Environmental scientists and specialists use their knowledge of the natural sciences to protect the environment. They identify problems and find solutions that minimize hazards to the health of the environment and the population.
Environmental scientists and specialists typically do the following:
Environmental scientists and specialists analyze environmental problems and develop solutions. For example, many environmental scientists and specialists work to reclaim lands and waters that have been contaminated by pollution. Others assess the risks new construction projects pose to the environment and make recommendations to governments and businesses on how to minimize the environmental impact of these projects. They also identify ways that human behavior can be changed to avoid problems such as the depletion of the ozone layer.
The federal government and many state and local governments have regulations to ensure that there is clean air to breathe, safe water to drink, and no hazardous materials in the soil. The regulations also place limits on development, particularly near sensitive parts of the ecosystem, such as wetlands. Many environmental scientists and specialists work for the government to ensure that these regulations are followed. Other environmental scientists work for consulting firms that help companies comply with regulations and policies.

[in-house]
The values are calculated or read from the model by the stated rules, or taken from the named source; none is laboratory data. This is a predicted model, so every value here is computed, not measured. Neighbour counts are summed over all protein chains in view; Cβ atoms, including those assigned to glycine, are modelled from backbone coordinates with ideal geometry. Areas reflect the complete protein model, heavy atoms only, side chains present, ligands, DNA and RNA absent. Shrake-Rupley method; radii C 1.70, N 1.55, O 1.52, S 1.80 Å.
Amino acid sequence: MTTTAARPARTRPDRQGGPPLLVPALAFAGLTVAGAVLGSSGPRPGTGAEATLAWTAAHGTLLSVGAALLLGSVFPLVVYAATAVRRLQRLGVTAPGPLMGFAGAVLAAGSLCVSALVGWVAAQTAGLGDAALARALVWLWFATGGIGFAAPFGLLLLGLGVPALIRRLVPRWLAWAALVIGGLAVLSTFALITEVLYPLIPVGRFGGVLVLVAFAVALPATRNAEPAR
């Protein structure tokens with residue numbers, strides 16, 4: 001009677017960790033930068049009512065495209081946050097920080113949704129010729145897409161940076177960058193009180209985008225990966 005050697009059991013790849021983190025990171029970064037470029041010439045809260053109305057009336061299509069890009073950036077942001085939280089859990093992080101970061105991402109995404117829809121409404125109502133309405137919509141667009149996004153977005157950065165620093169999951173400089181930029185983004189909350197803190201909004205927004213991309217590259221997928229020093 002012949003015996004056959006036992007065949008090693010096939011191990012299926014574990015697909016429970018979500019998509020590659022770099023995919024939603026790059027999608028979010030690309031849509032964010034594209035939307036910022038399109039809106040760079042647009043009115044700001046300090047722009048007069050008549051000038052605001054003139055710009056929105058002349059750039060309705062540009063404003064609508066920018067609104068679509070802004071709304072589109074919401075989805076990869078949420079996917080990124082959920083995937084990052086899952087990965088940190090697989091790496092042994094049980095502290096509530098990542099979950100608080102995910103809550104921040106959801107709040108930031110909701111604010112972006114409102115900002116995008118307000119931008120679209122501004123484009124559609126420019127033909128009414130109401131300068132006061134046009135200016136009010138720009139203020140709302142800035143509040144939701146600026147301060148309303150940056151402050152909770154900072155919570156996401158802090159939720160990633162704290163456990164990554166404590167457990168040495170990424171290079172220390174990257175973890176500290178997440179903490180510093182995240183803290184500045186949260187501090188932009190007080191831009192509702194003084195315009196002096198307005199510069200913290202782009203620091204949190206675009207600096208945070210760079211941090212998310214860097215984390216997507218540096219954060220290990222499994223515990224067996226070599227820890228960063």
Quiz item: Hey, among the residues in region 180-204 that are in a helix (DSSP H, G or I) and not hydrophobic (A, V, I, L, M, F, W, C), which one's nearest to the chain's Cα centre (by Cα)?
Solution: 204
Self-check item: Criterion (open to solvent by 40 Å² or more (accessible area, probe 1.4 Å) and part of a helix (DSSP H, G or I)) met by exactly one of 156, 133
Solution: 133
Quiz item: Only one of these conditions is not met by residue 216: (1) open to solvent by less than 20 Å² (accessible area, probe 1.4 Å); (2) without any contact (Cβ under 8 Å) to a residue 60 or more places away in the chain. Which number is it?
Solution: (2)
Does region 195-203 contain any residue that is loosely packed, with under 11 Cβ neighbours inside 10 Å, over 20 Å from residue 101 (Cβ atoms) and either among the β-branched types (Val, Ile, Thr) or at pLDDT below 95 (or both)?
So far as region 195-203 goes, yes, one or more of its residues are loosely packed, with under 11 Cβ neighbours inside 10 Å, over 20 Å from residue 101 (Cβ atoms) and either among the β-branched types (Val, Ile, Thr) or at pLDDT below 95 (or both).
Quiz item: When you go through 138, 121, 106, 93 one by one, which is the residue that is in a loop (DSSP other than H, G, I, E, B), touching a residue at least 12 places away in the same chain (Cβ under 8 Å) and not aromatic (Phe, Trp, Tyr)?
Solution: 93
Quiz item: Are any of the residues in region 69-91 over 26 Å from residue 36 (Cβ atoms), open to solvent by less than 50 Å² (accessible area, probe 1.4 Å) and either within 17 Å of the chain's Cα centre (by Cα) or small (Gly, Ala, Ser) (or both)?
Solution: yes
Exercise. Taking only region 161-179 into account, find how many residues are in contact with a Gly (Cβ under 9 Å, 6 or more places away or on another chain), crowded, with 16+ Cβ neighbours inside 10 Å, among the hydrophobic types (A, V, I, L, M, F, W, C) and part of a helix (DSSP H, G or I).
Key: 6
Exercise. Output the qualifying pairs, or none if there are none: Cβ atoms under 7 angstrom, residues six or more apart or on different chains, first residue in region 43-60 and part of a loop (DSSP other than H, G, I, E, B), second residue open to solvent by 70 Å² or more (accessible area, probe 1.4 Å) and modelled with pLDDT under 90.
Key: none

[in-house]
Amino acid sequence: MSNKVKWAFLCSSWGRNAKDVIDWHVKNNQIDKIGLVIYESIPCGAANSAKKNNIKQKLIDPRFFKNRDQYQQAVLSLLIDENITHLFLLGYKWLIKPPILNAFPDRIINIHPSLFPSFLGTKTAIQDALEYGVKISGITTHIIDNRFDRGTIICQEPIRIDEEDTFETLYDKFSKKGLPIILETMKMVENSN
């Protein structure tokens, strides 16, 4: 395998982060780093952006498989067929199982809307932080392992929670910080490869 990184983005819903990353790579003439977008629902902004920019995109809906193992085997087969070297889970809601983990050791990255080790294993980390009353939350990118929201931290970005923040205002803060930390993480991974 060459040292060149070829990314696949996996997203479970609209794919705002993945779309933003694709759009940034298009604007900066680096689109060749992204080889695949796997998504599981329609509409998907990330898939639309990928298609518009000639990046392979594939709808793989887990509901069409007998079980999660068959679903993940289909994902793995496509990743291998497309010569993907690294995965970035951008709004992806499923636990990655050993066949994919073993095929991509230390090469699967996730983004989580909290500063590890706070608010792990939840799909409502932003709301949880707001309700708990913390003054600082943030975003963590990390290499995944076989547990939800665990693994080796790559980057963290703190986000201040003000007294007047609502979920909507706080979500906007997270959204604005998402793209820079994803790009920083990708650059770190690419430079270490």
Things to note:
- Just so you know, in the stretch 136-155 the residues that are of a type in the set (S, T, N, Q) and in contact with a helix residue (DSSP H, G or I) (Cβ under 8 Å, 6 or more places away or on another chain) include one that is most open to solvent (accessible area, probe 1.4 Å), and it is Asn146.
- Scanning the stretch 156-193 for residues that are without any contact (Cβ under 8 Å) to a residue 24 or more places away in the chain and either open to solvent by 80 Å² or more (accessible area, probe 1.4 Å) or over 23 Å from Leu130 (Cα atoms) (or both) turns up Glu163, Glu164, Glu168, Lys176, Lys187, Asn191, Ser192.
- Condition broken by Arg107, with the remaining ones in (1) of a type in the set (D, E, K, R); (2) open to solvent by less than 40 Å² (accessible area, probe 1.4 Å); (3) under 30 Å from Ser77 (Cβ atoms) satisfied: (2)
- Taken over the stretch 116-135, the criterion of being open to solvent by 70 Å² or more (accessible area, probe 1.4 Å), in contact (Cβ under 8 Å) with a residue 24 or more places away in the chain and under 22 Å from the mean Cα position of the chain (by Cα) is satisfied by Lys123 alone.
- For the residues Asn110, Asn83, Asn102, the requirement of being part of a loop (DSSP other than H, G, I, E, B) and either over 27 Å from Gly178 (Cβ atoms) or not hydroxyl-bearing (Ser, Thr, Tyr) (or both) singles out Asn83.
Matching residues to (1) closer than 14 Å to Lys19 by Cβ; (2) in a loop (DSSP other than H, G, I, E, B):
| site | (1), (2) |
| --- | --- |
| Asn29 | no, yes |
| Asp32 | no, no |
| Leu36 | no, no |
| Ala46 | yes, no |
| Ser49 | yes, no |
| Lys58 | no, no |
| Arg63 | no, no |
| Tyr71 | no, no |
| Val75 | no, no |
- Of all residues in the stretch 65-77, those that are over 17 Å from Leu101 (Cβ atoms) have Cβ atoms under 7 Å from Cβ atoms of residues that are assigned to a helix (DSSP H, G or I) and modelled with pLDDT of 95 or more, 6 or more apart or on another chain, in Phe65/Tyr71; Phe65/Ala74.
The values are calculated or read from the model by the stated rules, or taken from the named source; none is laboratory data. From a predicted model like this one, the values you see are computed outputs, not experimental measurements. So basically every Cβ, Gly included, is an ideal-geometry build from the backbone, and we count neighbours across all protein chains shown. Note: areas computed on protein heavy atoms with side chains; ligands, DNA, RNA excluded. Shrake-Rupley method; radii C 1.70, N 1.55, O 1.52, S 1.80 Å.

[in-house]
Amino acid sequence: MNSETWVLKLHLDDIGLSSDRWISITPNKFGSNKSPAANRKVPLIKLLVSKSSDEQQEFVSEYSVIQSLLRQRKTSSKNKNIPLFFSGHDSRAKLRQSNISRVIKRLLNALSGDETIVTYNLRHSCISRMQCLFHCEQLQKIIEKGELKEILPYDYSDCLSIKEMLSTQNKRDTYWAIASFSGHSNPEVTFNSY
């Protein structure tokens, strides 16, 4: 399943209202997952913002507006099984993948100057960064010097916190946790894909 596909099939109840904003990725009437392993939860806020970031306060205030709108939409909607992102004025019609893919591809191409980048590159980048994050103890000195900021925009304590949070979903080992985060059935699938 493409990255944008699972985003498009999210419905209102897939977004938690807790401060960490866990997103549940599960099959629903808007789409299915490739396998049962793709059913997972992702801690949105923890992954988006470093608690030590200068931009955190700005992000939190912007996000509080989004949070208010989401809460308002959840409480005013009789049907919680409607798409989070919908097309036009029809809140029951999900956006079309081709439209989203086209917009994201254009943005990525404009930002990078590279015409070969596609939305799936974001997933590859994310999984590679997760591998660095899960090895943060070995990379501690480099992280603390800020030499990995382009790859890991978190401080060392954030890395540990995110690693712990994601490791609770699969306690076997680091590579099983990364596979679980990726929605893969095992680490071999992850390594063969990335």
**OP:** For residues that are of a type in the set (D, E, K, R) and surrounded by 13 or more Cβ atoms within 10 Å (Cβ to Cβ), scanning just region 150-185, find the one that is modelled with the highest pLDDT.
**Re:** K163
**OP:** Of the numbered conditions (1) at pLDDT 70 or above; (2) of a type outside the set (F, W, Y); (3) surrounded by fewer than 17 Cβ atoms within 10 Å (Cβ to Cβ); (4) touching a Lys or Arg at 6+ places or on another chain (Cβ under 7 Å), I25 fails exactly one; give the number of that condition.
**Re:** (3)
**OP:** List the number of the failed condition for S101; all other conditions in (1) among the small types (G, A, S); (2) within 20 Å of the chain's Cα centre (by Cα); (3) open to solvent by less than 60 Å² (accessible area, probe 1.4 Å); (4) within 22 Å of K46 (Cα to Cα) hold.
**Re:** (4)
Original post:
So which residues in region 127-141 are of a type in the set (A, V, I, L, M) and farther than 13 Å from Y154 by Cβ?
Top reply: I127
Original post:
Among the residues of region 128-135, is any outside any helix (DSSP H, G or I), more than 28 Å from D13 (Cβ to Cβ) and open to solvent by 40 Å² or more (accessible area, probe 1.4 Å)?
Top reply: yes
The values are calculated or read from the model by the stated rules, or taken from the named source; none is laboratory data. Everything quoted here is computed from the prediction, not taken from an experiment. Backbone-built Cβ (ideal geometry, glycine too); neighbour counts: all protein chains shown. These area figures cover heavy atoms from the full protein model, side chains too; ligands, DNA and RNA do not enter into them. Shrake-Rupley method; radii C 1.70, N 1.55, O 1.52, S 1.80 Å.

Some environmental scientists and specialists focus on environmental regulations that are designed to protect people’s health, while others focus on regulations designed to minimize society’s impact on the ecosystem. The following are examples of types of specialists:
Environmental health specialists study how environmental factors impact human health. They investigate potential health risks, such as unsafe drinking water, disease, and food safety. They also educate the public about potential health risks present in the environment.
Environmental protection specialists monitor the effect human activity has on the environment. They investigate sources of pollution and develop prevention, control, and remediation plans.
Other environmental scientists do work and receive training that is similar to that of other physical or life scientists, but they focus on environmental issues. Environmental chemists are an example.
Environmental chemists study the effects that various chemicals have on ecosystems. For example, they look at how acids affect plants, animals, and people. Some areas in which they work include waste management and the remediation of contaminated soils, water, and air.
Many people with backgrounds in environmental science become professors and teachers. For more information, see the profile on postsecondary teachers.
Source: Bureau of Labor Statistics, U.S. Department of Labor, Occupational Outlook Handbook, 2012-13 Edition